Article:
"He was probably the single worst single person to do it," [Harron] says. "I like Stone's stuff, but social satire is not his forte... and he's not known for his well-rounded, three-dimensional female characters." Stone began to chip away at Harron's script, preparing to rewrite it altogether. "It was then an issue of how the script could be improved," says [producer Ed] Pressman. "Oliver's approach was more psychological. Mary's was satirical."

Stone and DiCaprio had their own disputes over the way the film would go, DiCaprio split for The Beach then Stone left as well. Harron returned and kept Bale. But, my point in describing all this is that the studio is trying to make money. DiCaprio would grab the bigger audience. Having brands not complain about their inclusion would (presumably) work in favor of the box office as well--studios don't tend to subscribe to the idea that there's no such thing as bad publicity.

But, they're selling satire, selling a critique of a world in which the dog-eat-dog bullshit of even measuring the box office is entirely normal.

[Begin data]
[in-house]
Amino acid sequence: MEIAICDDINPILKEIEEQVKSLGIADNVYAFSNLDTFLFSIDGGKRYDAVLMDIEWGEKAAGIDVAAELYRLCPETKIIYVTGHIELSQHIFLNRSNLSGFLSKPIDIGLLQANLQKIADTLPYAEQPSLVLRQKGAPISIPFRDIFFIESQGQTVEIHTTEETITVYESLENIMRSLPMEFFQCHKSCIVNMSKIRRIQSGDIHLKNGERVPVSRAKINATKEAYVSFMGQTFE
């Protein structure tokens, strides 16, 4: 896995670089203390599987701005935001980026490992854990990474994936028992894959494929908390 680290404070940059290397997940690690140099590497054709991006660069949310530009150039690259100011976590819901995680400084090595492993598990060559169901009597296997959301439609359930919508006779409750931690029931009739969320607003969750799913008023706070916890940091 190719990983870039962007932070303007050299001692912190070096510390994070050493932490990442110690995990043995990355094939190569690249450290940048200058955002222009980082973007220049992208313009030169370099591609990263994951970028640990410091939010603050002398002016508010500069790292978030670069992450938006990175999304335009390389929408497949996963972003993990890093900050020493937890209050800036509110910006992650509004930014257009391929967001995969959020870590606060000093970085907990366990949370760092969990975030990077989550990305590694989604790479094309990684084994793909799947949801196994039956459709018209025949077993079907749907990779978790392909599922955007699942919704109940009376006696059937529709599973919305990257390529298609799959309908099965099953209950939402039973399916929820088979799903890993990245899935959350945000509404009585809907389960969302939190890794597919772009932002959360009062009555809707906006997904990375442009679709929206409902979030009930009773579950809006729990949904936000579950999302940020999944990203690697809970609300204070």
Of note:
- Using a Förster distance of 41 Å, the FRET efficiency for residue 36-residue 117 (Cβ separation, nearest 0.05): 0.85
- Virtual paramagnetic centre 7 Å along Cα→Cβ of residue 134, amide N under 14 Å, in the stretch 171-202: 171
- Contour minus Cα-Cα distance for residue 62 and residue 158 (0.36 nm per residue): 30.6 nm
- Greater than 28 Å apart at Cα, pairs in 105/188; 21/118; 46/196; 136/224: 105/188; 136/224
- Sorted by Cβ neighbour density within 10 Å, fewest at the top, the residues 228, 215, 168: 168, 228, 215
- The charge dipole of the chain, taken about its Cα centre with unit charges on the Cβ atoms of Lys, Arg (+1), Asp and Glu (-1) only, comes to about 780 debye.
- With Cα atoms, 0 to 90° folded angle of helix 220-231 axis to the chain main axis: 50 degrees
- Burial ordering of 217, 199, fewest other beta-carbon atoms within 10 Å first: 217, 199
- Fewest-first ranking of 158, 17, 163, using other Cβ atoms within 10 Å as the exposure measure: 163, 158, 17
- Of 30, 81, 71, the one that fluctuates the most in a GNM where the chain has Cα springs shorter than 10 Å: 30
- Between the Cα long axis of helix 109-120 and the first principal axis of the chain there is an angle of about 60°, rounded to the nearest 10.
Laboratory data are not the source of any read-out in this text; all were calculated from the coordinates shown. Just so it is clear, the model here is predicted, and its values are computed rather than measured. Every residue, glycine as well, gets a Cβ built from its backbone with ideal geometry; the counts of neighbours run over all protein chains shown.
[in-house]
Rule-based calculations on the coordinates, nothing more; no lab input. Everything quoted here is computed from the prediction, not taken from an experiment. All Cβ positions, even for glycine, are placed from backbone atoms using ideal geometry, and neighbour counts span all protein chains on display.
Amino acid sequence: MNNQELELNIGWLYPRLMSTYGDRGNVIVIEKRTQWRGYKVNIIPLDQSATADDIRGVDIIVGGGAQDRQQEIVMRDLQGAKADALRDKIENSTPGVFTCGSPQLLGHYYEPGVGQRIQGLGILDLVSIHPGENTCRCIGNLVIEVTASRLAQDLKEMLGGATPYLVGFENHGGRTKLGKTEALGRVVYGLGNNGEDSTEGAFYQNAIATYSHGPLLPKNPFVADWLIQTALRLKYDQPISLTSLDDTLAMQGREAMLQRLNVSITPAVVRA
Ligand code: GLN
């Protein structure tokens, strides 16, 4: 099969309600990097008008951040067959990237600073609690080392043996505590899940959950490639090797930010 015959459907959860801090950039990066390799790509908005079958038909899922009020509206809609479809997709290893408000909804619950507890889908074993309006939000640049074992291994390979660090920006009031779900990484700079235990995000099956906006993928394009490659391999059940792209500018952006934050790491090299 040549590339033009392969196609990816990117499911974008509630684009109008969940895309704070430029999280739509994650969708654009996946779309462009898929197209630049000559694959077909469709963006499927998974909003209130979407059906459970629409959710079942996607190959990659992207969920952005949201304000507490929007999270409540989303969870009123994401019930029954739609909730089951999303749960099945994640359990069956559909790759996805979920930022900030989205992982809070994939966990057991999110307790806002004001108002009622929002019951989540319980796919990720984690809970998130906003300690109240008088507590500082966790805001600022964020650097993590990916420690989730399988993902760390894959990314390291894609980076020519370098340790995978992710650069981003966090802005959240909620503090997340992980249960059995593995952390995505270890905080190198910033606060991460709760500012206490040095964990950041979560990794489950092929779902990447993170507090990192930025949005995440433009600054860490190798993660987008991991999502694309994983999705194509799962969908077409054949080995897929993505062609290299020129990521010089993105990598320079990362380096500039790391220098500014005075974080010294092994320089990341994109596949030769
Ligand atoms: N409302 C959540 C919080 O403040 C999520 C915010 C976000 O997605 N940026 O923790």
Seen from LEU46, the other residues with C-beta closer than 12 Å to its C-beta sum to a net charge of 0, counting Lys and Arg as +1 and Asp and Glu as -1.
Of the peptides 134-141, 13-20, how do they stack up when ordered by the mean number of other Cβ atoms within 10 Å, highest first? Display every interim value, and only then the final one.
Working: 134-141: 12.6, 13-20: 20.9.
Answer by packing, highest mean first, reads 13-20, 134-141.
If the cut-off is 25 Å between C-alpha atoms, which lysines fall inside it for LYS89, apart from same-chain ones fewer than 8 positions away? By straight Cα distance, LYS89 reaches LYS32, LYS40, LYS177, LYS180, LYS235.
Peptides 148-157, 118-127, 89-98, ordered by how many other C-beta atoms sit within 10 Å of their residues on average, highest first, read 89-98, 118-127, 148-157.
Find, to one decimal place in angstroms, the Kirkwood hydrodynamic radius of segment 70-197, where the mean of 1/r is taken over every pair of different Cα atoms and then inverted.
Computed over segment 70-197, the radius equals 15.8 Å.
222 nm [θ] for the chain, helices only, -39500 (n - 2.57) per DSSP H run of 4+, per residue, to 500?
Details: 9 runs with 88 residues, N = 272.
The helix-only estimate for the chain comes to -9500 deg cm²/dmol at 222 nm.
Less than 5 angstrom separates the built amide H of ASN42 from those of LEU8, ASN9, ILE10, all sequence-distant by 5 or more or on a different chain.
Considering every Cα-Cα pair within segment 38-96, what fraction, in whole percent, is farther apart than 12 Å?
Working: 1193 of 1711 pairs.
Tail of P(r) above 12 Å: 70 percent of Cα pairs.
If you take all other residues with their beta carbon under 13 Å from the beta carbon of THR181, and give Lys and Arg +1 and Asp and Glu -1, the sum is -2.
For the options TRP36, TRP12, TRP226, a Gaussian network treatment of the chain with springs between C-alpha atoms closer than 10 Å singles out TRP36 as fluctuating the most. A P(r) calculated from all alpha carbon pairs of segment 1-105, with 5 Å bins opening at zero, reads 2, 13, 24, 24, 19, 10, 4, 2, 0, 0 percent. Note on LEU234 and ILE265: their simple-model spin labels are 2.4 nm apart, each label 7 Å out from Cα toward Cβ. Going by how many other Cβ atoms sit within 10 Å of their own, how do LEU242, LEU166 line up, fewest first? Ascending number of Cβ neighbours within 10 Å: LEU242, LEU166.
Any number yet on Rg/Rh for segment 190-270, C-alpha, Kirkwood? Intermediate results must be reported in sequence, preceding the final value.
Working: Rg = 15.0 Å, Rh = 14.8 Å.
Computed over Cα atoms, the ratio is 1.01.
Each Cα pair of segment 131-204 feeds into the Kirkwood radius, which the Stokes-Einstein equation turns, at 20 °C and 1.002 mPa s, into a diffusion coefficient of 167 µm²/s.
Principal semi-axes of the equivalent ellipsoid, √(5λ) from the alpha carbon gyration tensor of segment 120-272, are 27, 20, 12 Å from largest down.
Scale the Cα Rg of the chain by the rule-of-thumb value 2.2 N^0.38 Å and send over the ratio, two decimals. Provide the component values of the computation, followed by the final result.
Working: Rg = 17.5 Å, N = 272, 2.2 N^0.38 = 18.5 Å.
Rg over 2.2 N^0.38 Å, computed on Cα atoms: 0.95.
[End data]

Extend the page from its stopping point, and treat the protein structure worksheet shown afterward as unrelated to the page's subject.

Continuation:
(Note: while I often check old box office reports for this blog, I generally do so in order to just see what was in theaters at the time. I'm not usually even looking at the money columns over at BoxOfficeMojo.)

But anyway, if Starbucks will let itself get namechecked in Fight Club and Gaultier is good with being used to transport dead bodies here, where does the satire bleed right into itself. I'm reminded of a passage from The Invisibles by Grant Morrison:

The most pernicious image is the anarchist hero figure. A creation of commodity culture, he allows us to buy into an inauthentic simulation of revolutionary praxis...

The hero encourages passive spectating and revolt becomes another product to be consumed.